Down on the southwestern shore of Richmond sits the historic Steveston Village, a once-boisterous frontier seaport and principal port on the Fraser River, founded in 1889 by William Herbert Steves.
At the turn of the twentieth century, Steveston was the busiest fishing port in the world, with fifteen salmon canneries, six hotels, numerous saloons and gambling dens, and up to fourteen windjammers simultaneously loading canned salmon for world markets. On a Saturday night, 10,000 people thronged the boardwalks, including Native Indians, Japanese, Chinese, European immigrants, and sailors from the seven seas.
Now over 100 years old, Steveston has evolved into a picturesque working fishing village, home to Canada’s largest commercial fishing fleet, home base to more than 600 seiners, gillnetters, trawlers and other vessels that line the docks two, sometimes three, abreast.
The village, with its ambient fishing village atmosphere, comes to life each summer, with plenty for visitors to see and do. Heritage sites and parks, fresh seafood, great local restaurants and colourful gift shops and markets all await the lucky visitor.
One of the oldest remaining buildings in Steveston is The Cannery Cafe, built before 1900 to serve as a cookhouse for the Lighthouse Cannery, and now one of the longest-running restaurants in the village.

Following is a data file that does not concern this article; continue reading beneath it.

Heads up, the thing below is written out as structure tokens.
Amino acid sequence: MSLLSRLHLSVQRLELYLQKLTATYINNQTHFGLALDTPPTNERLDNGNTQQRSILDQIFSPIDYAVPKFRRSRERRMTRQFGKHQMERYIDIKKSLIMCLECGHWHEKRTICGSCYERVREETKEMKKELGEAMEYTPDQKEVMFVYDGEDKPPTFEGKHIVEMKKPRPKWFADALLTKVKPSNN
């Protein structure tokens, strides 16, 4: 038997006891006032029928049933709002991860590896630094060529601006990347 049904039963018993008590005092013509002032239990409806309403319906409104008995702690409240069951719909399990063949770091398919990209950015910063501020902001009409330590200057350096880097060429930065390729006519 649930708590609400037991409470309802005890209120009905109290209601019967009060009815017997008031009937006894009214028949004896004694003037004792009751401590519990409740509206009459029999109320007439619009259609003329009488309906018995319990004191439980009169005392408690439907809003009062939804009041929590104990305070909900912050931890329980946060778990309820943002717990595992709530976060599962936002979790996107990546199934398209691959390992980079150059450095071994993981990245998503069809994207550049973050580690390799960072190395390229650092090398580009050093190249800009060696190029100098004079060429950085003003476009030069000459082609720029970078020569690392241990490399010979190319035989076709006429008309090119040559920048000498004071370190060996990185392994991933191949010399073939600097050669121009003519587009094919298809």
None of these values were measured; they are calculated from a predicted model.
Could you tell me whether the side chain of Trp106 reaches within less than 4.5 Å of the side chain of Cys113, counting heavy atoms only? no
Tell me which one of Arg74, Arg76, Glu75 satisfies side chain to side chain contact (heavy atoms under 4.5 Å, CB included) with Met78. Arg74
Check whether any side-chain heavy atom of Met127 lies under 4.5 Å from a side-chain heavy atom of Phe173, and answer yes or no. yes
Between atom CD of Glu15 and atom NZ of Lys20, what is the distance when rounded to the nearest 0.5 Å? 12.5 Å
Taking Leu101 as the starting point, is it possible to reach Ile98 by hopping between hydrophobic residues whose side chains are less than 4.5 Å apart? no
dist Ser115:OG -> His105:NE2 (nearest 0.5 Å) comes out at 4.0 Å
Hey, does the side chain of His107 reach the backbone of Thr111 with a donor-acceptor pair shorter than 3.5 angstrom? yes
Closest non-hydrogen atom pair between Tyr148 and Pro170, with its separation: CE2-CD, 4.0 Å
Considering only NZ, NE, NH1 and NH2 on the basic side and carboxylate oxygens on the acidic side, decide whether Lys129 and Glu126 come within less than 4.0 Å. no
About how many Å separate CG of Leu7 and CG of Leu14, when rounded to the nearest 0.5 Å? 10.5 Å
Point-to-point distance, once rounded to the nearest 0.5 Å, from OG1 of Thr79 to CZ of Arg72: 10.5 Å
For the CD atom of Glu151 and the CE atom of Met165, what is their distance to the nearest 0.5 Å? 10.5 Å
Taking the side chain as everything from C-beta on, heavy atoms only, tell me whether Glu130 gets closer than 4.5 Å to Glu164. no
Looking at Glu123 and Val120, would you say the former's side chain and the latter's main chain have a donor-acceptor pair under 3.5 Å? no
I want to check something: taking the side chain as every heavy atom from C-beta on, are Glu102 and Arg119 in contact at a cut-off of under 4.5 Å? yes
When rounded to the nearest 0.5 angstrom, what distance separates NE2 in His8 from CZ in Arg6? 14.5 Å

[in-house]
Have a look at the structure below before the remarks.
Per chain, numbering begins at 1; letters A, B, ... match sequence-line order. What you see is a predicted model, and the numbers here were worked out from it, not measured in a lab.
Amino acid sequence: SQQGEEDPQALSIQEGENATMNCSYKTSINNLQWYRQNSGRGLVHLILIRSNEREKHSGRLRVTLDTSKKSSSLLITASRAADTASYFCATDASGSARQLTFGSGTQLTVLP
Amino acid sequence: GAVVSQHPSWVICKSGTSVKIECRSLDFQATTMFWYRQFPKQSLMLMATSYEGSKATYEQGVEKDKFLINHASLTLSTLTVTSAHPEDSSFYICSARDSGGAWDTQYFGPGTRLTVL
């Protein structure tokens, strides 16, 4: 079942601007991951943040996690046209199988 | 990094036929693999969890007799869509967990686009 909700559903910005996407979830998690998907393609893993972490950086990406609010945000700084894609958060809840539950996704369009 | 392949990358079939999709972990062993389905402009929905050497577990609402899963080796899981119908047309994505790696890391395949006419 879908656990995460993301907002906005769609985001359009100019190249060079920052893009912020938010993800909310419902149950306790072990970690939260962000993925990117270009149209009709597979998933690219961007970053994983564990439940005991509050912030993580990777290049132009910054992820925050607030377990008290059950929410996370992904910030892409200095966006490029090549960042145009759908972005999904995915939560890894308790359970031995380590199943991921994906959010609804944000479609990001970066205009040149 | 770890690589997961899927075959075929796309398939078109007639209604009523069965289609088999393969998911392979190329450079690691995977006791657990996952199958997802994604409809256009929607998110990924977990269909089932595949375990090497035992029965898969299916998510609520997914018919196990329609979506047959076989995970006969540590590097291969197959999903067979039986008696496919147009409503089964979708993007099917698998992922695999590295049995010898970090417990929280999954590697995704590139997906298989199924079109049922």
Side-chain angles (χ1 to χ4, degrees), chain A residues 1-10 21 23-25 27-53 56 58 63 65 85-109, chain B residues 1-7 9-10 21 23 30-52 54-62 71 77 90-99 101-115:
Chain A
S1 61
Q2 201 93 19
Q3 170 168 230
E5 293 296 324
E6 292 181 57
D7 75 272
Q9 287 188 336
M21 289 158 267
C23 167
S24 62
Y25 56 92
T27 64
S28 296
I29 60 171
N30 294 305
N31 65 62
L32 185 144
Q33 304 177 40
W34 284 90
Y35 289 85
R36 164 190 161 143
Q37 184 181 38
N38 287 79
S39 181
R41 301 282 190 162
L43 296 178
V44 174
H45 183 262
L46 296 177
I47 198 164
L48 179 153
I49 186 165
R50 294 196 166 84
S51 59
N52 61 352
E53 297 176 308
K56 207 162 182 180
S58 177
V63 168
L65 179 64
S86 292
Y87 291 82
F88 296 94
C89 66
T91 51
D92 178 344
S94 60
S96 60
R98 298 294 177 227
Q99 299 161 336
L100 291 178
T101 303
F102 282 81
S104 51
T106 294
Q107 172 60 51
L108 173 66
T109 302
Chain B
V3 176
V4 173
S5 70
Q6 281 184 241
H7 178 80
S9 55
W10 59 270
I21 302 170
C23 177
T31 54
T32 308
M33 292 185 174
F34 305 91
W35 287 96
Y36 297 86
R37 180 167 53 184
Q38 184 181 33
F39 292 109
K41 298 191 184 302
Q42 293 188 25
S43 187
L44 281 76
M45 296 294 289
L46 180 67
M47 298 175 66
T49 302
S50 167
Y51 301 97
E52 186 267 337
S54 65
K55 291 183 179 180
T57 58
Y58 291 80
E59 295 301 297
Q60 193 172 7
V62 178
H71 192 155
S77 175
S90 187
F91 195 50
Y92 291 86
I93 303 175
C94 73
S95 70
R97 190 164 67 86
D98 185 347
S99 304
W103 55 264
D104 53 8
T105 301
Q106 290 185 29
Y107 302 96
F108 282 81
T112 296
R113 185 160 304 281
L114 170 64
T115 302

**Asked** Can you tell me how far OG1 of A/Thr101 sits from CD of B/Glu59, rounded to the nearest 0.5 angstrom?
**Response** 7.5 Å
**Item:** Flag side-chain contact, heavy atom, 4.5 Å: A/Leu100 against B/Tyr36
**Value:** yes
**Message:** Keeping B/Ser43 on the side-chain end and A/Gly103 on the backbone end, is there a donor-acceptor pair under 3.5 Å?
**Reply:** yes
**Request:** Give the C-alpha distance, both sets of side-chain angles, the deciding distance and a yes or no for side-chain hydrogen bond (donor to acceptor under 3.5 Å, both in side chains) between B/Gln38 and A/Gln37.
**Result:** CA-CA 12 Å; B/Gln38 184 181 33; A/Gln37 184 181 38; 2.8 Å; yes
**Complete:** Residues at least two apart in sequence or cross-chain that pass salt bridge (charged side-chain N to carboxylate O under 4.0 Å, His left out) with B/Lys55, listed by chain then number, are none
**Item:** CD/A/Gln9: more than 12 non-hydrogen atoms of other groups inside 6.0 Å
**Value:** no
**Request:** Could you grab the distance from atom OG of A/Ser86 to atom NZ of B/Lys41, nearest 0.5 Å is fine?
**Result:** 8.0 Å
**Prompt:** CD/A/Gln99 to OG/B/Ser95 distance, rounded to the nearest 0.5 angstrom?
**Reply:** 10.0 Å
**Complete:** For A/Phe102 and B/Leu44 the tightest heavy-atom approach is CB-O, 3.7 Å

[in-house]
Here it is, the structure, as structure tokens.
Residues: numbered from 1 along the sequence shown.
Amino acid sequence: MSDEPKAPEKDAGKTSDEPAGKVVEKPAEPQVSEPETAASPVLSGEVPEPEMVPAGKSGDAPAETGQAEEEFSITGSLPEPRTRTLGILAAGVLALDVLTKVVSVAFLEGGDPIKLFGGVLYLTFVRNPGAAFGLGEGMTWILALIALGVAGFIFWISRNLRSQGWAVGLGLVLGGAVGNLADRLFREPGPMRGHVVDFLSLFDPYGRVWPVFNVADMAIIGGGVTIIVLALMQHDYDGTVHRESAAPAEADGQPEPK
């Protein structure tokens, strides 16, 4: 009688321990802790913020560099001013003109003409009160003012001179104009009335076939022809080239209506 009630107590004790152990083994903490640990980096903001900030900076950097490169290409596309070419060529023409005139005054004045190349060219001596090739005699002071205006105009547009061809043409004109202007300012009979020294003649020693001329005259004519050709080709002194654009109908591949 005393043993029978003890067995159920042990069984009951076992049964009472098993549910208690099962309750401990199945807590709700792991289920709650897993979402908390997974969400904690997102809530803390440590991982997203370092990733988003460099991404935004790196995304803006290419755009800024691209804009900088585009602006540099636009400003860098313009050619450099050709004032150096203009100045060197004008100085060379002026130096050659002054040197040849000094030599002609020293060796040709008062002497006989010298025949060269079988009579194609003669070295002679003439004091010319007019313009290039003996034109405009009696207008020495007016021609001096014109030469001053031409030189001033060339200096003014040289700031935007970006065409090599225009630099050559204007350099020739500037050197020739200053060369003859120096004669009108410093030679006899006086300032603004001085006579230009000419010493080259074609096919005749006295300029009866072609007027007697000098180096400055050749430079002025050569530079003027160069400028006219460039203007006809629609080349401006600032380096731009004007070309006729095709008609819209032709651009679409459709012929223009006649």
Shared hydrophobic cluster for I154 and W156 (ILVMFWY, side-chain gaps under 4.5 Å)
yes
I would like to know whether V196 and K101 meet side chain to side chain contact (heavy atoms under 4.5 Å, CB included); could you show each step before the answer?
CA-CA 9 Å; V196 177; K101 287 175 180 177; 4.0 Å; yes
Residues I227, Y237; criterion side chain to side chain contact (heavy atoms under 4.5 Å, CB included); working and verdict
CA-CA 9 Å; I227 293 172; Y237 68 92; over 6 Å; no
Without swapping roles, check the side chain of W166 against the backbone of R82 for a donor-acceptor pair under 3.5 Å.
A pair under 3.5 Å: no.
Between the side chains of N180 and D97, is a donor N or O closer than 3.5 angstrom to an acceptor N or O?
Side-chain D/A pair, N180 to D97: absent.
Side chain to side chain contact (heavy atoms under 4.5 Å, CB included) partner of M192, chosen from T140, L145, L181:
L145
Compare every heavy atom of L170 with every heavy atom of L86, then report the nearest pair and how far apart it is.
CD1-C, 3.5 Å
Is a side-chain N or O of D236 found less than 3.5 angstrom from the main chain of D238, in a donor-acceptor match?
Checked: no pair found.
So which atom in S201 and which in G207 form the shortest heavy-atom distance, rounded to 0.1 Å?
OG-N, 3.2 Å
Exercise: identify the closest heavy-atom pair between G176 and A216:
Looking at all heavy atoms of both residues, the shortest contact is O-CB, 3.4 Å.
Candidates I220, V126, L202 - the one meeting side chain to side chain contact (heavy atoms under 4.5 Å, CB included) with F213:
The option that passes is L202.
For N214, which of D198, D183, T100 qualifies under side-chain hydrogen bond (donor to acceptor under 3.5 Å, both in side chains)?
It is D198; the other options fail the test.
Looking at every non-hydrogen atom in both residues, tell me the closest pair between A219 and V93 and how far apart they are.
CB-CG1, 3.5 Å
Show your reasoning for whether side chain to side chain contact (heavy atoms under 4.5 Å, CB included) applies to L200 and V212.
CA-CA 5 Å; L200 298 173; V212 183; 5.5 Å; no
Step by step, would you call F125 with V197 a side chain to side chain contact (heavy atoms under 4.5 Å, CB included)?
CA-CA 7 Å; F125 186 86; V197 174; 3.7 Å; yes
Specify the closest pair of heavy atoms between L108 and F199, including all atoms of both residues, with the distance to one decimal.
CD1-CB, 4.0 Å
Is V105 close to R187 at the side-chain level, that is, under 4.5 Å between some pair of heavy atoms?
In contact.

The Gulf of Georgia Cannery Site on Fourth Avenue directly behind Canfisco, is operated by a group of community members and representatives of the local fishing industry and contains relics from the past, when the canneries operated day and night. A model of a 1930s production line is set up along one long L-shaped counter. Murals of fish and trawlers cover the walls; showcases full of glass net floats from Japan, various shiny salmon tins, and model boats help convey a sense of Steveston’s heritage. Mountains of fishing gear and nets are arranged outside. The interpretive centre is open from May to mid-October. Admission includes a 20-minute film presentation in the Boiler House Theatre.
Visitors can take a self-guided walking tour of the National Heritage Site of Britannia Heritage Shipyard, at the south foot of Railway Avenue. Britannia is one of the few surviving examples from Steveston’s rich past, when a mix of canneries, net lofts, boatyards, residences, and stores defined the neighbourhood. Restoration of the site is in the development stage, and over the coming years much of its former glory is slated to be restored. At present, the Britannia Shipyard augments a walking or cycling tour of the Steveston harbour. Also on site is the Murakami Visitor Centre, the 1885 home of a 12-member Japanese family and their boat works, where the family built gillnetters during turn-of-the-century winters.